3. Do you think Christians are responsible for righting the wrongs of previous generations? Why? If not, why not?
4. What faithful actions do you think love of neighbor includes? Specifically, who is included as recipients of neighbor love in the above Scriptures?
5. Name one person you will now consider including in your neighbor love. Why?
6. As a result of thinking on the these Scriptures, name one action that you are willing and able to take? What are you willing and able to risk?

  • See the discussion of the lawyer and Jesus in Luke 10 (The Good Samaritan) in Kwon and Thompson, Reparations: A Christian Call for Repentance and Repair, Brazos Press, 2021, pp. 170-171. Restitution is a well substantiated ethic and a defined practice throughout Scripture and Church history. Restorative love includes restitution, but goes beyond it. The Samaritan pays what will be due for the victim's recovery. 
  • Michael Eric Dyson, Tears We Cannot Stop, St. Martin's Press, 2017. See especially Dyson's recommendations for White Church ministry, pp. 196-212. Sunday School questions are found on pp. 230-231. 

Thursday, February 23, 2023

Countering White Resistance in Churches and Groups (Session 1)

CAUSISTRY: the use of clever but unsound reasoning, especially in relation to moral questions;  sophistry. Similar: sophistry, specious reasoning, sophism, chicanery, quibbling, equivocation, fallaciousness, fudging. (1)
And what was Black animalization, demonization, and infantilization but a fundamental redefinition of neighbor- from image-bearer to non-person- that justified not only the enslavement of Africans but also the subjugation of their descendants in the Jim Crow era? And are we not tempted to do the same today? Carefully redefining neighbor so as to justify our refusals to love? Contorting our words and ways of thinking as  to create a new ethical category, the "non-neighbor"? (2)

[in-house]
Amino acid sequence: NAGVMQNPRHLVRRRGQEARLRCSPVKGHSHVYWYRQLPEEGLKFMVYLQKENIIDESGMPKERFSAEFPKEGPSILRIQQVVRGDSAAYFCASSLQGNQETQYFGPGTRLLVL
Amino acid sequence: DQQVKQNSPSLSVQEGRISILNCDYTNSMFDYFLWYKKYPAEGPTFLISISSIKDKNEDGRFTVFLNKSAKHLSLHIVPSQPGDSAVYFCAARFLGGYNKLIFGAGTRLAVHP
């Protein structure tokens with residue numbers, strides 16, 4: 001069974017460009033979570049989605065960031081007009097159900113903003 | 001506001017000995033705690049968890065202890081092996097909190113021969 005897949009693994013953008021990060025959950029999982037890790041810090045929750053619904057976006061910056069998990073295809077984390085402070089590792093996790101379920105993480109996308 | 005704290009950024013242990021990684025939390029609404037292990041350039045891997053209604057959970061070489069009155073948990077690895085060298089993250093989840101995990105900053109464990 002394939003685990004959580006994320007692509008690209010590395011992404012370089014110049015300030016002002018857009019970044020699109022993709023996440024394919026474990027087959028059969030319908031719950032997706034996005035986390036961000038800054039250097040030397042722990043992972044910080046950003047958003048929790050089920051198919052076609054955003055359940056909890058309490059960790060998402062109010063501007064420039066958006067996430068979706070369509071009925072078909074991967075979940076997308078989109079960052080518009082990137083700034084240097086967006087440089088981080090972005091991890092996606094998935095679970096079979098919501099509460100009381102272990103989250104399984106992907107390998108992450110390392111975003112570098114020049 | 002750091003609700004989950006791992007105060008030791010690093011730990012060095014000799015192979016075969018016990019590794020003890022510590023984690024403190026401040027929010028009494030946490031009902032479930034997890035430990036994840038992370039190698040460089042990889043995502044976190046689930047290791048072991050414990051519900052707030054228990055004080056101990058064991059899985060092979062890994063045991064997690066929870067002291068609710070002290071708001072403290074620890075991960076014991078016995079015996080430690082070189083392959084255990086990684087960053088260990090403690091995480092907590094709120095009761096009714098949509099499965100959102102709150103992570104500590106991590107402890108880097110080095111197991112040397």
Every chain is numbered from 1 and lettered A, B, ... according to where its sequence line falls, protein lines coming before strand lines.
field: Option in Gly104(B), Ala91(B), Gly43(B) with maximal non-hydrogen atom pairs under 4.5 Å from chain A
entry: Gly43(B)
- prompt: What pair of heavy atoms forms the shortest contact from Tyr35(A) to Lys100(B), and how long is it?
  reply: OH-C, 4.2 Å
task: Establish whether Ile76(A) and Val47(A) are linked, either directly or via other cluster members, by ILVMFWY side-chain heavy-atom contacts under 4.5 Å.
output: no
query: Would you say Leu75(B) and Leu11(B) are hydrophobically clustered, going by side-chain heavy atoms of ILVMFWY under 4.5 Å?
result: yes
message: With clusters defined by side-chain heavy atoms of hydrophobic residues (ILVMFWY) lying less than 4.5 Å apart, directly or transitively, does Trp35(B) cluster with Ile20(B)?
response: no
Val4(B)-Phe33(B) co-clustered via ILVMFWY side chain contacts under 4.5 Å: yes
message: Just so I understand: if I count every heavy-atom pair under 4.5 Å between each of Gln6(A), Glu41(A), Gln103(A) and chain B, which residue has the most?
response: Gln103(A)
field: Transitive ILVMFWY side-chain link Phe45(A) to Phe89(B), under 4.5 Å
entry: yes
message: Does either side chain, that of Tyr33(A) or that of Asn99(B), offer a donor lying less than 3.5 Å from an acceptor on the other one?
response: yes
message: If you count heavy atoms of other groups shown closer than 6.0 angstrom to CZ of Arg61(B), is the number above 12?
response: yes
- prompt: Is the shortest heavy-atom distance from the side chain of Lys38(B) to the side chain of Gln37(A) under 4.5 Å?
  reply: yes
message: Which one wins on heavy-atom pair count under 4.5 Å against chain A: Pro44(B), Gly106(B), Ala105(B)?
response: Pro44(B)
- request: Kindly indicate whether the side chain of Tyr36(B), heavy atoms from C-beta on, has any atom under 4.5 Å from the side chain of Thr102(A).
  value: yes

One of the obstacles to honest reflection is defense of my innocence.  I deflect whatever puts me in a bad light. 

Entitlement is having been born second base due the benefits of race. The deception goes, " I deserve what I have because I have earned it" (and not because I have been born into privilege). Imagining there is a level playing field, the quere becomes, "Why isn't everyone else on second base? What's wrong with them?"

Entitlement and privilege are fruits of self-deception but play into larger institutions. White Supremacy is not a "weed in the garden of American democracy," but a native species, visible in the inequities of health care, mortality rate, education, income, criminal systems, employment, housing, and wealth.  I had tremendous educational advantages given to me based on lending practices instituted nationwide after W.W. II. (3)

In the church, I received employment opportunities that my Black colleagues in ministry did not. For its first almost 200 years, (1784- 1968), the now UMC segregated on the basis of race. Black congregations (and to a lesser extent, Indigenous and Hispanic congregations) were separated by color, not by region or geography. Today, gay or non-binary people can be baptized, but are officially kept from having weddings in "our churches" and prohibited from exploring a call to ministry or ordination.